2020 MLB Draft Grades: AL West

2020 MLB Draft Grades: AL West: Justin Foscue

Alex Kielar | June 16th, 2020

The MLB Draft is now over and it is time to hand out grades for every team. There were a few surprise picks and steals, and mostly every team had at least a couple of solid selections. I am splitting these draft grades up by division, continuing with the AL West and the Mariners who had the sixth pick. Keep in mind these grades are initial reactions without putting any potential futures into the equation.

Seattle Mariners: B

Best Pick: Emerson Hancock, RHP, Georgia

The top three pitchers in this draft, Hancock, Asa Lacy, and Max Meyer were all very close together. The Mariners were able to grab one of them in Hancock who our own John Lepore believes has the highest ceiling of the bunch. I certainly can’t argue that statement and either way Seattle has a great pitcher to help build for their future. John actually predicted the right-hander being selected to the Mariners in his draft profile, seen here. Hancock has a solid fastball-slider combination and great command with a 131/21 K/BB rate over his last 18 starts in college.

Worst Pick: Kaden Polcovich, 2B, Oklahoma State

Polcovich was the only pick by the Mariners who wasn’t ranked in the top 200 draft prospects by MLB.com. He did show off some impressive power on the Cape with a 1.042 OPS, while he is also a versatile player and a switch-hitter. He hasn’t had the best track record, which is why he was a bit overlooked, as he was dismissed after one semester at Kentucky and played at a community college. Polcovich has potential, but picking someone with a lot of question marks is not the smartest move in a short draft.

Los Angeles Angels: B+

Best Pick: Reid Detmers, LHP, Louisville

Seeing one of the top college arms fall to the Angels was very good for them as they desperately need help in that regard. Detmers is a pretty pro-ready pitcher with a great feel for pitching and control of the zone. He doesn’t blow people away with his fastball, but he really gets hitters flailing with a curveball that sits 20 mph slower than his fastball. He could be a dominant pitcher for the Angels for years to come and work them towards getting a World Series for Mike Trout. Check out his draft profile here.

Worst Pick: Werner Blakely, SS, Detroit Edison HS (MI)

This is not a bad pick, as Blakely has quite a bit of potential. He hit .467 with 10 doubles, six triples, four home runs, 34 RBI, 44 runs and 24 stolen bases during his junior year in 2019. He finished his high school career with 163 hits, 26 doubles, 19 triples and 103 RBI. Blakely has a lot of tools and incredible athletic ability, but he will need a lot of at-bats to refine his abilities. The Detroit Edison star was committed to Auburn but he is expected to sign for about $900,000, which is about $400,000 above the pick’s value; the Angels really believe in his tools and potential so they didn’t want to let him go.

Texas Rangers: D+

Best Pick: Justin Foscue, 2B, Mississippi State

Foscue is a good hitter, but that is really all he has and was picked way sooner than where he should have been. There were a few other hitters on the board that would have been better options. He has low-strikeout rates and high exit velocity but is a below-average defender and runner.

Worst Pick: Thomas Saggese, SS, Carlsbad HS (CA)

I garner this pick was because of Saggese being a signable hitter who can hit the ball hard and has a solid approach at the plate. The Rangers seemed to reach on their picks and went for four prep guys of their five picks. All of the picks were ranked a fair amount lower than where they were picking.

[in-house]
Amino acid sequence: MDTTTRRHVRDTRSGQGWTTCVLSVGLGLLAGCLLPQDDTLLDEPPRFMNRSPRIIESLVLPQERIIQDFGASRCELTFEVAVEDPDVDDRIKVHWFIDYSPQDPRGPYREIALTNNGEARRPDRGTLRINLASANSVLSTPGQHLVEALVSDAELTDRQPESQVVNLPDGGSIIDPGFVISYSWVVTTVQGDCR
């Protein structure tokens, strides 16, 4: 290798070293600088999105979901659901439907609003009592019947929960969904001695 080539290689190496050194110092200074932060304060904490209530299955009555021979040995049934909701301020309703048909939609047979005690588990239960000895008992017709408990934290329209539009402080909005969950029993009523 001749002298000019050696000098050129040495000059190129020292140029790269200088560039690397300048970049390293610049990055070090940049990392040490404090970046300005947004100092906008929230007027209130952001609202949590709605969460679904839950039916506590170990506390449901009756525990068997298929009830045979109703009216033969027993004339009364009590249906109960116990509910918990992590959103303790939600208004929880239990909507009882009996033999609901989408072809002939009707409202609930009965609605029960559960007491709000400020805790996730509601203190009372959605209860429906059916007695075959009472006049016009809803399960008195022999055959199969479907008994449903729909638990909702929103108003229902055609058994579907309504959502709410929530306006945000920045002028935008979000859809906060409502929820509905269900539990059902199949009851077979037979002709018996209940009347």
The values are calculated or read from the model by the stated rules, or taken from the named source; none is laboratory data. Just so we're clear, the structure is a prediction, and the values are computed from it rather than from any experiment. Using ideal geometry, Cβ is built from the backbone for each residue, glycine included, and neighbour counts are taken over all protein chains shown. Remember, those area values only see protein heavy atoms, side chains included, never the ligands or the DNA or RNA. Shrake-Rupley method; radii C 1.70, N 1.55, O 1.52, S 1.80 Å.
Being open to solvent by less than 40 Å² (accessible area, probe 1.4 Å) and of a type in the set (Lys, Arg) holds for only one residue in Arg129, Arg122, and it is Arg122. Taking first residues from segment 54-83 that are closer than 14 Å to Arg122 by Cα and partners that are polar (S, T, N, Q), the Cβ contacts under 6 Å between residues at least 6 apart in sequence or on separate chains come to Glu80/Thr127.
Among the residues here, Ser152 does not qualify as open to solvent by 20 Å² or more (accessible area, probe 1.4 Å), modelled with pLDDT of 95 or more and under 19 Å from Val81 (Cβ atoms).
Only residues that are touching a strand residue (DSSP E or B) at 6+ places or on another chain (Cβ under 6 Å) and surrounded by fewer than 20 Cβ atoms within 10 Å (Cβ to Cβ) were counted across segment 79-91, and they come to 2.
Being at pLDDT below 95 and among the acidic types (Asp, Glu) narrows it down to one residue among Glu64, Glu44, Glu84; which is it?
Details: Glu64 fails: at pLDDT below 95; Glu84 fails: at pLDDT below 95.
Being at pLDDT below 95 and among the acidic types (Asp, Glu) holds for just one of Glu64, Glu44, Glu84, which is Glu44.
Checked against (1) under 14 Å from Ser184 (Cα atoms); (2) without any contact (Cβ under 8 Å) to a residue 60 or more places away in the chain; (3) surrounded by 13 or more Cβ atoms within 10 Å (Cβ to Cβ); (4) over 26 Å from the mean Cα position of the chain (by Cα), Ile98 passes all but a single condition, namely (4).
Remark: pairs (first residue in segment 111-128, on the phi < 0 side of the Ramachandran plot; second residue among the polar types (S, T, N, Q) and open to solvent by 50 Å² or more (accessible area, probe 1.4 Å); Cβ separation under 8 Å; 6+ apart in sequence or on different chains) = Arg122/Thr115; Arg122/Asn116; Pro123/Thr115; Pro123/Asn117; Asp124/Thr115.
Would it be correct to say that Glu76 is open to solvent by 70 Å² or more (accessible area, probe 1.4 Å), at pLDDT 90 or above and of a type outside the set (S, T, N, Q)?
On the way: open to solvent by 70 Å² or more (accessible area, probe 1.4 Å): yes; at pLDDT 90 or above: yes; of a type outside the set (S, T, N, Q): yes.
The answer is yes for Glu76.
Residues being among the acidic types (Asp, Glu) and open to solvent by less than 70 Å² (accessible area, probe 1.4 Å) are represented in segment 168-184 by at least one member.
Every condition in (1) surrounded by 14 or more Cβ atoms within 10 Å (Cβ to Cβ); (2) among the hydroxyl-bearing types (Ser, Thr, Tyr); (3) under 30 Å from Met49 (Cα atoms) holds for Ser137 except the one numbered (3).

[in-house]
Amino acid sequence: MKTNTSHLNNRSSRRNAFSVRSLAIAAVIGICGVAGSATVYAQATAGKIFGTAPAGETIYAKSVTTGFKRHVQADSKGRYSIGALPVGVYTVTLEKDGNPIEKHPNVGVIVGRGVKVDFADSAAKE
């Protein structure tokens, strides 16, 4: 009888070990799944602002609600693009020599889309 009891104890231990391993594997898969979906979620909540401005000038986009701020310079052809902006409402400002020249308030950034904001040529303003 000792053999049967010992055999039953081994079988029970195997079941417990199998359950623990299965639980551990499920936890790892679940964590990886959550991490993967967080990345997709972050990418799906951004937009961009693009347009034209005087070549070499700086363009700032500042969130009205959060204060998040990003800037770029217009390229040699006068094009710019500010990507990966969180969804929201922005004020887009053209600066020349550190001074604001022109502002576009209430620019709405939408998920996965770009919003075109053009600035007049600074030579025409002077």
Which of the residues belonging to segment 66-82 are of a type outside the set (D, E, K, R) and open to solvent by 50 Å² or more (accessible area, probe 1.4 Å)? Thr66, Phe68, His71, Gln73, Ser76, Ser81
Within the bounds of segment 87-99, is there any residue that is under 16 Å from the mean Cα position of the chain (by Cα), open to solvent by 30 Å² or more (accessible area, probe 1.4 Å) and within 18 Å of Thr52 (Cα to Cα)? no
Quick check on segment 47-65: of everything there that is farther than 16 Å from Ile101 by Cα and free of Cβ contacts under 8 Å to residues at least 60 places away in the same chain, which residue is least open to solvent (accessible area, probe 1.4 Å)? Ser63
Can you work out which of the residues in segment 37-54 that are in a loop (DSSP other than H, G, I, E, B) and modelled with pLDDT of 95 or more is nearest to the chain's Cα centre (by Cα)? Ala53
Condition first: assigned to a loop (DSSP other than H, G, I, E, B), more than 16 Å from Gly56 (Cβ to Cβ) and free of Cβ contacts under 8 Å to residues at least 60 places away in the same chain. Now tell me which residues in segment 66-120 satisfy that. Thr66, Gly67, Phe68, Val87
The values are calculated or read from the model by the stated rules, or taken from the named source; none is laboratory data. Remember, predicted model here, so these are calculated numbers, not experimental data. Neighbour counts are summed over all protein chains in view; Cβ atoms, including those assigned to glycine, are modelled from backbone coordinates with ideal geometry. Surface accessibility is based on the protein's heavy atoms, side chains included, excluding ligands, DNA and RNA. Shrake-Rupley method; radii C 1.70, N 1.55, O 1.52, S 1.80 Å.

Oakland Athletics: B+

Best Pick: Tyler Soderstrom, C, Turlock HS (CA)

With top catching prospect Patrick Bailey already gone, the A’s settled for a prep catcher who is the better hitter than catcher. He is very polished at the plate and has a great approach, and could tap more into his power. He also has the versatility to move off catcher and potentially move to the outfield or third base. That will be important for the A’s if his catching ability doesn’t move up to par with what they want.

Worst Pick: Michael Guldberg, OF, Georgia Tech

Guldberg wasn’t ranked on any major draft boards and doesn’t have much power. But he did hit .374 with a .465 on-base percentage in his three seasons at Georgia Tech. He had a shoulder injury that limited him to only 28 games in his freshman season. Because of his injury, he was only a primary DH and his defensive future has a lot of question marks. When he is healthy, scouts have said he still has a future playing the outfield with solid running ability.

Houston Astros: B

Best Pick: Alex Santos, RHP, Mount Saint Michael Academy (NY)

The Astros didn’t have a first-round draft pick, because of, you know, a certain cheating scandal. They did a great job with their first pick in the second round, drafting a right-hander who is still very raw but has the stuff. With the track record the Astros have with developing and rejuvenating pitchers, he should have a promising future. He is tall and projectable at 6’3 and he offers a three-pitch mix of fastball, slider, and changeup.

Worst Pick: Shay Whitcomb, SS, UC San Diego 

Whitcomb was the MLB Draft’s “Mr. Irrevelant”, selected with the 160th and final pick by the Astros. He finished his college career with a .315 batting average and he projects best as a second baseman moving forward. There isn’t much known about Whitcomb as he was not ranked on any big boards, but he is the highest-drafted position player out of UC San Diego history. He was named the CCAA Freshman of the Year in 2018, and the following season, Whitcomb was named the CCAA Player of the Year.

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